It seemed like the whole internet came out against the treatment of Starfire in Red Hood And The Outlaws #1 from DC last month.
However I understand that the fuss only helped reorders and the comic sold out ever quicker than its peers, with orders upped for the second issue.
And there’s a current swell in support of the book. Here are a few examples;
We wonder if there would be this much outrage if Gail Simone wrote this book. Some of the women who wrote very intelligently on this issue still included lines like: “ She’s a character, who was written by a person – specifically, a man”. (Source: a great article by Miss Snarky found here)
Oh? Is that really a thing. Are we determining who can and can’t write a character honestly now because of their gender? We’ll march right over to Gail’s current job writing Firestorm and slap the pen out of her hand, then. We’ll also make sure only black people write black characters and the like. Ok… that’s an overreaction… but I think it comes down to a real point. We think the writer here might have actually been trying to deal with something serious… but because he was a man we decided without any input from him, that this was tits for tits sake. Here’s a particularly horrific example of putting words in Lobdell’s mouth -> LINK!.
This must have been “fan service” to a cadre of mindless fanboys who only want to see Starfire’s golden unmentionables. Why? because what else could it be? A MAN wrote it. Sorry, again that might be overreacting… but speaking of overreacting… WHAT YOU ARE DOING!?!
Kory was definitely being evasive/sarcastic because she did NOT want to talk about her past with them and issues that will come up later in the series. She does not have a memory of ‘a goldfish’ as some people have been saying ‘round the ‘net.
Also, Jason was lying to Roy about certain implications he made in the first issue to Roy about Kory. I won’t say what exactly because I don’t want to spoil the next issue, especially since it’s not out yet.
This also may be uncomfortable to bring up but while talking about the ‘controversy’ over Starfire, Scott got VISIBLY upset when speaking of some of the demeaning terms he has seen/heard written about his portrayal of Kory in various comments [Not the actual articles, just the comment sections]. He pretty much said that he couldn’t believe some of the terms people were throwing out and you could tell that he was really broken up that people would think in those terms and that it was okay to spread them around.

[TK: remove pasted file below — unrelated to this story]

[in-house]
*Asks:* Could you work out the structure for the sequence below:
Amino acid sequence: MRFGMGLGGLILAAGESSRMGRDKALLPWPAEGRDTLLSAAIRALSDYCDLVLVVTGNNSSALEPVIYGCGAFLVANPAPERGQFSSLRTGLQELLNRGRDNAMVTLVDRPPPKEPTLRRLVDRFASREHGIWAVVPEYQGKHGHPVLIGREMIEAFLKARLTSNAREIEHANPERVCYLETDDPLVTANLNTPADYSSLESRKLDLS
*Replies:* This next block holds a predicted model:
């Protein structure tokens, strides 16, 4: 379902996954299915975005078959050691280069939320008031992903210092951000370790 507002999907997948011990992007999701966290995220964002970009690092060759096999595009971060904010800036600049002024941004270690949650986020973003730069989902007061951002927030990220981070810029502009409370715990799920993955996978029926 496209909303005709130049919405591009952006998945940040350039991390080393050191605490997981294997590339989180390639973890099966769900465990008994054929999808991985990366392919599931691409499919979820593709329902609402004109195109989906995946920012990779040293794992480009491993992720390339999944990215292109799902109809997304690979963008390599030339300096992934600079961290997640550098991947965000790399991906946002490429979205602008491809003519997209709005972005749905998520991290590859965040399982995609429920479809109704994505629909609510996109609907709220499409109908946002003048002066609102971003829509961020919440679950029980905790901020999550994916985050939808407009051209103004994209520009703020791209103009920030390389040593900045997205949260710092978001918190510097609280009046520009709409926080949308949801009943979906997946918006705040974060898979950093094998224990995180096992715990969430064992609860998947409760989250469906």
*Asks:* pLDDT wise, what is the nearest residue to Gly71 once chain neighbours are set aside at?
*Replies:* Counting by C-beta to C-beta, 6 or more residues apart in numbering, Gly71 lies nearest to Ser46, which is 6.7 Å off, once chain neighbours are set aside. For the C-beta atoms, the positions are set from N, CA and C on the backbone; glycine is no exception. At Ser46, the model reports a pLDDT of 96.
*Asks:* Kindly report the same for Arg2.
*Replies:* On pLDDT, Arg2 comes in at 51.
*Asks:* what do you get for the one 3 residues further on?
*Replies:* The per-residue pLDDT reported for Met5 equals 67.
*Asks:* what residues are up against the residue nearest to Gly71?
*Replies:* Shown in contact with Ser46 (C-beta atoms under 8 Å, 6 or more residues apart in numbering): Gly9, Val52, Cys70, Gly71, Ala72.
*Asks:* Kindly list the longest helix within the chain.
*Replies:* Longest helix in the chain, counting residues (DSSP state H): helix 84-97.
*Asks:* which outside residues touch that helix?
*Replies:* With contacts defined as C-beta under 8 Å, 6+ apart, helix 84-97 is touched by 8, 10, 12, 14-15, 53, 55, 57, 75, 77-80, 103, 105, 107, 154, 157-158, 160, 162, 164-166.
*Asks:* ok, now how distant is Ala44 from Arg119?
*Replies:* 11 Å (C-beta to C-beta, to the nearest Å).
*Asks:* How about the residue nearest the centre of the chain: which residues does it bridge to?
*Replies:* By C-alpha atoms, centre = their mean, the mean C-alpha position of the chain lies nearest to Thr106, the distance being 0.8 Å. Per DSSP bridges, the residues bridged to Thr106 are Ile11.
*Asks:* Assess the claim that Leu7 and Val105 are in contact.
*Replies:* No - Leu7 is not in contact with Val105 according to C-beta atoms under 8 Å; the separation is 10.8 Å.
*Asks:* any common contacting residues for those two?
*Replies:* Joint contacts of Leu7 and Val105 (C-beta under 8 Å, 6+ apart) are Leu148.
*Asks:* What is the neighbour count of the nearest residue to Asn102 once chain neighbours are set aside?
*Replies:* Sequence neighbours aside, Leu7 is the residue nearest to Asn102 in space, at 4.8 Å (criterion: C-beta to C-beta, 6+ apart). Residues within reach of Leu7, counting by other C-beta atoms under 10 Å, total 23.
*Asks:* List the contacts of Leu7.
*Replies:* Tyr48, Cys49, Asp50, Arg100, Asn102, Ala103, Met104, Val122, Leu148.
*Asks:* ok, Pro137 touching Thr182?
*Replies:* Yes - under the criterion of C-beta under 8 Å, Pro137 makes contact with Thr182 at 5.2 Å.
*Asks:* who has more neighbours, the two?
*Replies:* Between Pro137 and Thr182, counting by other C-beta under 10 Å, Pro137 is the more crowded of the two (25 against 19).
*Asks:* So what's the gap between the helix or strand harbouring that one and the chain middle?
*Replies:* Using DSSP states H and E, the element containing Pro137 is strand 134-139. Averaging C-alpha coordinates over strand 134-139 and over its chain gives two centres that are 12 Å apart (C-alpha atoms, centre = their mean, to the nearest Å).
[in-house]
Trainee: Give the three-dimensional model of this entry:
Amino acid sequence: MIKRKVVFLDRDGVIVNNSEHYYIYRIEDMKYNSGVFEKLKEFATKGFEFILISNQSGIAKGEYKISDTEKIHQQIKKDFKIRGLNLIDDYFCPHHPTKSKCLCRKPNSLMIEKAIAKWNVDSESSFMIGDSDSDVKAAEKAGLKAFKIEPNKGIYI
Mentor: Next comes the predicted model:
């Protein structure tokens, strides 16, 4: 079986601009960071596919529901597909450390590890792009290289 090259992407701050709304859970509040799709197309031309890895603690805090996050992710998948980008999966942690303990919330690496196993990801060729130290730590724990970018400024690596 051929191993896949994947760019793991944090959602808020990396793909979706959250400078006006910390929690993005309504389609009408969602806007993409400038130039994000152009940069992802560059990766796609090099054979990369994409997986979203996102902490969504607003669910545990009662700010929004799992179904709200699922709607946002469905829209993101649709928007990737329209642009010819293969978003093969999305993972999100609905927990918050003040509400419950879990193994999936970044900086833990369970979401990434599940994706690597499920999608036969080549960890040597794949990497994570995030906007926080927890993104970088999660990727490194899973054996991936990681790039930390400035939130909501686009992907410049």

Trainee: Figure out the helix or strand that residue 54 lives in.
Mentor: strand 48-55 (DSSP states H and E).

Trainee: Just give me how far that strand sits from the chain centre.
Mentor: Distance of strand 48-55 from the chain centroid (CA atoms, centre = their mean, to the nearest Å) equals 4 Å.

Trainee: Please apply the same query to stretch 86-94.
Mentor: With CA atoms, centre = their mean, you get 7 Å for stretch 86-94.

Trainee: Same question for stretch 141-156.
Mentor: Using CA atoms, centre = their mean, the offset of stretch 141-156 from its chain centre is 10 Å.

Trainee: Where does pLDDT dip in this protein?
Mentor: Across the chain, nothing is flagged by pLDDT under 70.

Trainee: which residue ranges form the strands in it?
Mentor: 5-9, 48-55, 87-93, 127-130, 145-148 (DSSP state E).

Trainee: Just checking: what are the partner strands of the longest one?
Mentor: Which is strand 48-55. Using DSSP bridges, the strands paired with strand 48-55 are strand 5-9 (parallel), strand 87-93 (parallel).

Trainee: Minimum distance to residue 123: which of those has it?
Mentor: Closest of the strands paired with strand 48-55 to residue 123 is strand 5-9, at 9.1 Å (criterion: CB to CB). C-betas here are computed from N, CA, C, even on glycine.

And PopMatters made it the editor’s choice book, saying;
What puts Lobdell over the bar to genius is how he uses this Freudian triangular structure between Kori’andar’s Starfire, Jason Todd’s Red Hood and Roy Harper’s Arsenal.
In short, Lobdell uses this inverted Freudian triangle to meditate on the post-militaristic condition existing after 9-11. How do conventional military forces engage and defeat non-con forces in asymmetrical warfare? Chances are they don’t, Lobdell seems to suggest. What’s called for is a post-structured military comprised of no troops and only elite forces. And yet, these ‘outlaw’ soldiers may never be able to reintegrate into regular society. This is the story Ralph Steadman was trying to tell about his lifelong friendship with Hunter S. Thompson in The Joke’s Over.
Lobdell’s Red Hood & the Outlaws is the story of these two deeply engaging dramas; of the reclamation of female sexuality, and the reclamation of the rule of law among nations. And, at a deeper, more meta level, the story of how both these stories are actually one drama.
Although not everyone is zagging when others are zigging. Jim Shooter writes;
Don’t get me wrong, I’m in favor of sex, in favor of sexuality, in favor of expressions of same in any creative endeavor involving representations of the human condition. There is more sexuality in my work than in most comic book writers’ work. Sexuality is an important component of every character I write, just as it is an important part of every person I’ve ever met, even if by denial! And I’ve written a wide variety of characters with a wide range of sexual natures.
The problem I have with Starfire is that she’s a device, not a character. Feh.
Jules Feiffer once said comic books were “booze for kids.” Starfire as portrayed here is porn for kids. You know what I mean. Feh.
Get a real writer, DC. Or, Scott Lobdell, get a grip.
A blurb at the bottom of the last page promises “To be explained…”
Yes, DC and Scott, I think we deserve an explanation for what you’ve done.
Issue 2 is out in two weeks…